With former Pakistan prime ministers Nawaz Sharif and Imran Khan both claiming victory in the countrywide elections, the United States, the United Kingdom, and the European Union expressed concerns about the electoral process and called for an investigation into reported irregularities.
Elections were held for 265 seats in the national assembly, and the US, EU, and UK urged a thorough investigation into allegations of interference, irregularities, and fraud.
The EU statement highlighted a “lack of a level playing field,” pointing to the inability of some political actors to contest the elections and restrictions on freedom of assembly, expression, and internet access.
The US State Department noted “undue restrictions” on freedom of expression and assembly, as well as violence and attacks on journalists. Democratic US Representatives Ro Khanna and Ilhan Omar also expressed concerns, with Khanna alleging military interference and rigging.
British Foreign Minister David Cameron expressed “serious concerns” about the fairness and inclusivity of the elections. While the EU, US, and UK stated their intention to work with the next government, they refrained from congratulating any candidate or party.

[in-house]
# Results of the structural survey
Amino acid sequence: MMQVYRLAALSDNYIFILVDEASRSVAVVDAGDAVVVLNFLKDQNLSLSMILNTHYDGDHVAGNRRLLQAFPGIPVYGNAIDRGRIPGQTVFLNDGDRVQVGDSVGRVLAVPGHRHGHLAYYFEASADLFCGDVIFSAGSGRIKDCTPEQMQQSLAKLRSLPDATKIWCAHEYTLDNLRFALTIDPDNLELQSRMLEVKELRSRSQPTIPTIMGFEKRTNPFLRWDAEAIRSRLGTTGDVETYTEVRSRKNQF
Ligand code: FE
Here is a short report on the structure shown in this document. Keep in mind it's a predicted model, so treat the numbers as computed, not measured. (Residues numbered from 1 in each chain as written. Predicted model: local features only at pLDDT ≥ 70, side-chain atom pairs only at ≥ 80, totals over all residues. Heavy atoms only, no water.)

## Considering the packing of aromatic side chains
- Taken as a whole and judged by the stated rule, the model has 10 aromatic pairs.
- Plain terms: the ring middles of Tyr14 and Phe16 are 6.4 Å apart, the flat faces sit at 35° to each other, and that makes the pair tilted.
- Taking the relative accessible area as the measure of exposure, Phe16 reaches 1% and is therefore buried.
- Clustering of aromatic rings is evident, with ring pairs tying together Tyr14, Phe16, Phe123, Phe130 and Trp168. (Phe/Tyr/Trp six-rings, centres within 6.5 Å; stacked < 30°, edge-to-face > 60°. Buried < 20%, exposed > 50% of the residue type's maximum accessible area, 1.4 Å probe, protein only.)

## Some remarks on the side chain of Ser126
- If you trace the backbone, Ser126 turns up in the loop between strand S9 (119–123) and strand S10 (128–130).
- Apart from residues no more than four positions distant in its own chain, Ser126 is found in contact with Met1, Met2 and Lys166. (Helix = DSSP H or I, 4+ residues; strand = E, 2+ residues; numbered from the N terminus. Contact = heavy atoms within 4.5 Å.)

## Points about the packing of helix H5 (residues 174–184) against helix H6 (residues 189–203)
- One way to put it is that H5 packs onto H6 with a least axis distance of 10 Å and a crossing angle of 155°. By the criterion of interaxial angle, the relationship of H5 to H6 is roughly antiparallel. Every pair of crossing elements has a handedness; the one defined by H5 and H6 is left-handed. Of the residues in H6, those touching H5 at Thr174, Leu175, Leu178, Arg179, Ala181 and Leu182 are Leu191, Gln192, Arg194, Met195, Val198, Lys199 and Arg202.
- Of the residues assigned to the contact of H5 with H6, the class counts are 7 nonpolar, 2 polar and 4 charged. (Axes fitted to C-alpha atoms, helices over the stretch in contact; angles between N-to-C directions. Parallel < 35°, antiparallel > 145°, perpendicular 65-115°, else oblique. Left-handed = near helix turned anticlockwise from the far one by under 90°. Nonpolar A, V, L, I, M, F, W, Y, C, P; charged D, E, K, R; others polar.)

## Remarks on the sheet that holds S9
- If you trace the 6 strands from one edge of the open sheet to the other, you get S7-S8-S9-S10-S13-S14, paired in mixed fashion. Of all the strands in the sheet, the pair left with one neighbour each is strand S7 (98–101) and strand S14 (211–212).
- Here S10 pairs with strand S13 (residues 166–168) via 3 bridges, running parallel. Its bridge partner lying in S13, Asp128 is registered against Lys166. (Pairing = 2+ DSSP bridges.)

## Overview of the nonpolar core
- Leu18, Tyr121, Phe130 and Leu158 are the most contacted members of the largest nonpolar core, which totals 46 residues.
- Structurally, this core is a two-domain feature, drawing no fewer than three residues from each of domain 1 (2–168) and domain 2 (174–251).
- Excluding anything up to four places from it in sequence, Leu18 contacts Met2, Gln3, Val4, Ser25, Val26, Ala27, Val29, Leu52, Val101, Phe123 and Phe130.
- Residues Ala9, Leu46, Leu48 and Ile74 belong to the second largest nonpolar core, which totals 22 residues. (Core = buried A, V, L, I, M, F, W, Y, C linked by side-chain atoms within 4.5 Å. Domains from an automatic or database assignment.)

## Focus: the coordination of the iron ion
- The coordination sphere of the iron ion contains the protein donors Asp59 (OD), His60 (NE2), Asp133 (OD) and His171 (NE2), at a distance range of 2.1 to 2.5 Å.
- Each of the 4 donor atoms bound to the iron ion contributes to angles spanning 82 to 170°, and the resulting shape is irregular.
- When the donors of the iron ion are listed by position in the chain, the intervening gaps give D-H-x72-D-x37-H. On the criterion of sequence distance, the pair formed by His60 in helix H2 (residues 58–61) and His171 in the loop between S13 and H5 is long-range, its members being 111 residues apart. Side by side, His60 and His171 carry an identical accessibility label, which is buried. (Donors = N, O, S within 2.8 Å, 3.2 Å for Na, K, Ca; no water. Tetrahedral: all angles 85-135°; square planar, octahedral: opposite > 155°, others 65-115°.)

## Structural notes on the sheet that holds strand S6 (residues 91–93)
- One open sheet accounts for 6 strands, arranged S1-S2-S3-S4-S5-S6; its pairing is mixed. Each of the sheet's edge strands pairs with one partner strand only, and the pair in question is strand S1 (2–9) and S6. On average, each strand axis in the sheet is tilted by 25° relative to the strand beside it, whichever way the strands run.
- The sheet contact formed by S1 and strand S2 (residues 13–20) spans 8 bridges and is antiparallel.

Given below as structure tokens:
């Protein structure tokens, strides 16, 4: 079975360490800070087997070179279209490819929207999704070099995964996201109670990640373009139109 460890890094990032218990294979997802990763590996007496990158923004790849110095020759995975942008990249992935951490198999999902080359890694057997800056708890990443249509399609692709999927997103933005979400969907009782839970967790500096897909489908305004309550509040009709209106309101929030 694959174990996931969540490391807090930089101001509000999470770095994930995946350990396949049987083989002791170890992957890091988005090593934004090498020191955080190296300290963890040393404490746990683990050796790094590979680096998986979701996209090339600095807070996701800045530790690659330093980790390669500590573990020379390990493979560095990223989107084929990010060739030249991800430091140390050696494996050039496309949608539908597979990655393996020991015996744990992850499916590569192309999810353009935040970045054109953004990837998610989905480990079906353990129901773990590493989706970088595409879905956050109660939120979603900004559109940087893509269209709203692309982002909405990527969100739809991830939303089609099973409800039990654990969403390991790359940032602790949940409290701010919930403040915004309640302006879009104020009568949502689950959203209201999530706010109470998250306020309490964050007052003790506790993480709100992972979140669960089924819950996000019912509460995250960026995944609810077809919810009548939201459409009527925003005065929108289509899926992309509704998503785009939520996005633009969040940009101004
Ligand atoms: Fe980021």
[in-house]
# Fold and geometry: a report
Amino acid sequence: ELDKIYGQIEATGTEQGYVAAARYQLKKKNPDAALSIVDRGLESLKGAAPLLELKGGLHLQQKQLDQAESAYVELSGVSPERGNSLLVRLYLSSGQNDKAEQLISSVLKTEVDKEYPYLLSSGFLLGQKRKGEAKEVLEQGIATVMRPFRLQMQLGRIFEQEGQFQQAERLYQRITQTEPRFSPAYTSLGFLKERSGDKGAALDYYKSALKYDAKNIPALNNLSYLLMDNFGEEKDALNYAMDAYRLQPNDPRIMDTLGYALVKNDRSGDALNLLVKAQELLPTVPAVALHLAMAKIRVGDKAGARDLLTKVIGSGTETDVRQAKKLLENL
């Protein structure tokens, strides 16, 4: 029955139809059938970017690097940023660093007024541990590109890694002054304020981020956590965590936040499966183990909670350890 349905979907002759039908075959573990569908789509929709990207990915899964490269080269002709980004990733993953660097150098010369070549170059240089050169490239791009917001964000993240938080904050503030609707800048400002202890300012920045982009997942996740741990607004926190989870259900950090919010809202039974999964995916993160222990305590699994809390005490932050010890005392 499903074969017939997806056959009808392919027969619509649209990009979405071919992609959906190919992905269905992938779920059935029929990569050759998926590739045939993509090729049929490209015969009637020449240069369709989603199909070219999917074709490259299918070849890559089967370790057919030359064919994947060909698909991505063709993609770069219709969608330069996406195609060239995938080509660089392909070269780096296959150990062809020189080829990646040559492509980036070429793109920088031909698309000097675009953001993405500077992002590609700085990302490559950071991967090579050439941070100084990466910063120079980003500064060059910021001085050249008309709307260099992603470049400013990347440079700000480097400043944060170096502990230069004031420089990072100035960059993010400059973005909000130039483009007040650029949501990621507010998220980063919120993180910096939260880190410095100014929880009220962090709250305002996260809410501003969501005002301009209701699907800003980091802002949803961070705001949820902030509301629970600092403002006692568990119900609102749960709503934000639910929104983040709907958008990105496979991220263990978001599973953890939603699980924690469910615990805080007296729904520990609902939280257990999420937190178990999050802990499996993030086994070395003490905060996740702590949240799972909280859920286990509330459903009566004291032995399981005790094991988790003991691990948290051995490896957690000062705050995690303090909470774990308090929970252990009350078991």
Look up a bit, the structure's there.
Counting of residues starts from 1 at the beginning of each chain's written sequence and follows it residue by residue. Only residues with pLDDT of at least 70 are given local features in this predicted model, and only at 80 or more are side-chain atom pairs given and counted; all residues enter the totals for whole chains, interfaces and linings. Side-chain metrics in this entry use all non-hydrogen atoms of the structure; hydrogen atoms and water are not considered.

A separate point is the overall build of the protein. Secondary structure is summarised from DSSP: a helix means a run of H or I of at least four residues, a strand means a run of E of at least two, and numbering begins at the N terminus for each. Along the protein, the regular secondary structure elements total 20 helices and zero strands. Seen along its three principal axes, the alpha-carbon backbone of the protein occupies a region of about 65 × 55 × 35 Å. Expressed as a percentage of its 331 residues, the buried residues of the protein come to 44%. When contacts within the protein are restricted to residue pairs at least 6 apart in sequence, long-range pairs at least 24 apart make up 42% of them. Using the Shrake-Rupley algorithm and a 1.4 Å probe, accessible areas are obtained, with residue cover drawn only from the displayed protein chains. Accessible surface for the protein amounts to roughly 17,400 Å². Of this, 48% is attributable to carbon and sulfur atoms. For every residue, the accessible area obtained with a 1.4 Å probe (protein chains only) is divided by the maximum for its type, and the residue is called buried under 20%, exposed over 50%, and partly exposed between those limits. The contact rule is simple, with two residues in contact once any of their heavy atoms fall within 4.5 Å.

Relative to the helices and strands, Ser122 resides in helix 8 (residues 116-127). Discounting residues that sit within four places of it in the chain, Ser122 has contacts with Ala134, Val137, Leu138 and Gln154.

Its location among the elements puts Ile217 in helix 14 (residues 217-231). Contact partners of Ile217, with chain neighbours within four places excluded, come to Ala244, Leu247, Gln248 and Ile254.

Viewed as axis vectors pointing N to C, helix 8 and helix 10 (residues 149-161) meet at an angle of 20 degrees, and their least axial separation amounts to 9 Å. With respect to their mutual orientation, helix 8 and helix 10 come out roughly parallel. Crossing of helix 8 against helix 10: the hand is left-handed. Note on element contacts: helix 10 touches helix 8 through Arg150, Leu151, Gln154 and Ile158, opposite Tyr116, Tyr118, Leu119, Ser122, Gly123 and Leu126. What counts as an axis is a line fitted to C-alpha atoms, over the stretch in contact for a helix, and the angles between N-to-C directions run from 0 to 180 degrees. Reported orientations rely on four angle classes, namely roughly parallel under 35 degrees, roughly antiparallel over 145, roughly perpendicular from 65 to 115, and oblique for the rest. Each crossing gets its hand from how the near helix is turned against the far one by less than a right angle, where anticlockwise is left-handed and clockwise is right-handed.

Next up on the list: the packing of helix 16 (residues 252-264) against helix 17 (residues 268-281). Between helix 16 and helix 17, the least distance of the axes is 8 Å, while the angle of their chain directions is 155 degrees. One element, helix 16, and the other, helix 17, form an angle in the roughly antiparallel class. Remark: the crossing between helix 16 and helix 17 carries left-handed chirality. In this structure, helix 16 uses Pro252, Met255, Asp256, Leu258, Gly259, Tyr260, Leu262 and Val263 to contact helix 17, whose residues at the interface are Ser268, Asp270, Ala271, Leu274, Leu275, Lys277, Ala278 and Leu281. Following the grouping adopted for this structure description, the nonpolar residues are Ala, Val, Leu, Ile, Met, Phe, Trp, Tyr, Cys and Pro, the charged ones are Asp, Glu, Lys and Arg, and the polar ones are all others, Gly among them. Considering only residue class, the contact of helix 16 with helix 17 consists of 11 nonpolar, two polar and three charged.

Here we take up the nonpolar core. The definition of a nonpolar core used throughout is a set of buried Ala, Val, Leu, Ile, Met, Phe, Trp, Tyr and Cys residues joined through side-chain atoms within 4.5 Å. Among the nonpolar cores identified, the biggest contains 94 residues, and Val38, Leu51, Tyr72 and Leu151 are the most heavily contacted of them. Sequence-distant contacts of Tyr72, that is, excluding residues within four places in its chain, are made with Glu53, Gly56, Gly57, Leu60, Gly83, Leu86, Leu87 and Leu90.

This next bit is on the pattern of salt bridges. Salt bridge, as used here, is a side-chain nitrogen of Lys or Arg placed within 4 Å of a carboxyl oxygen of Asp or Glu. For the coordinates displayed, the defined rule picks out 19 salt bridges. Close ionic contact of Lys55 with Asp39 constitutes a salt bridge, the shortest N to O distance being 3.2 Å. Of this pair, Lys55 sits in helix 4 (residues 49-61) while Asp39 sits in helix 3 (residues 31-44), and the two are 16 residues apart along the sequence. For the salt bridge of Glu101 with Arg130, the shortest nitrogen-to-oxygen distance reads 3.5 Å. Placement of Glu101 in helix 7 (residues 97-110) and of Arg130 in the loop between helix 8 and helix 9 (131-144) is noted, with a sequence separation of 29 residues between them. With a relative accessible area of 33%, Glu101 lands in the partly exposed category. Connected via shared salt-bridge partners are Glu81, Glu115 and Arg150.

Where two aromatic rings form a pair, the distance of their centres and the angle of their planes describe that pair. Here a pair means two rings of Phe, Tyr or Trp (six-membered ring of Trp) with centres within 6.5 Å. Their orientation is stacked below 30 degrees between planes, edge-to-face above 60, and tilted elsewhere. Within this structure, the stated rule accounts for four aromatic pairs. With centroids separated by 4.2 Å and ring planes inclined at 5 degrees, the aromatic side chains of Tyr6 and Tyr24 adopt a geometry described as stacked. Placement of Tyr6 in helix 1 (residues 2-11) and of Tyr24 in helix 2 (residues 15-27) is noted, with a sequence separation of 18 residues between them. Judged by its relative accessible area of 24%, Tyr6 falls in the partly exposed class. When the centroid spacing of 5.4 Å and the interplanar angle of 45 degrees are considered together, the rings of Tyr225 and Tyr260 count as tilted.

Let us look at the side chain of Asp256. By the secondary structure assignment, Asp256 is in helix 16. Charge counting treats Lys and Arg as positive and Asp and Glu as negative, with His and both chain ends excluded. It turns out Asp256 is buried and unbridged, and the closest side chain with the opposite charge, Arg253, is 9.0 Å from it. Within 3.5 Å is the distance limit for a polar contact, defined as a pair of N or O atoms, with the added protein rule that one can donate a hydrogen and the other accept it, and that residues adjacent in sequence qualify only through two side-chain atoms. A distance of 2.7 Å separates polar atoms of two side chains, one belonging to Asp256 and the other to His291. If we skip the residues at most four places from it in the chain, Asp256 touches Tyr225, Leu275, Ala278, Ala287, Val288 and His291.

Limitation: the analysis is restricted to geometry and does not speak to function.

Imran Khan, currently in jail and disqualified as a candidate, has denied any wrongdoing. His PTI party, barred from the polls, saw independent candidates supported by Khan winning the most seats overall.
Nawaz Sharif’s PML-N party claimed victory, but as it failed to secure a clear majority, Sharif expressed a willingness to form a coalition government. Amidst delayed results and militant attacks that claimed 28 lives, Sharif’s party declared the most seats won by a single party.
In a message created using artificial intelligence, Khan rejected Sharif’s claim, congratulated his supporters, and urged them to celebrate and protect their vote. The political landscape remains uncertain as both parties navigate the aftermath of the contentious elections.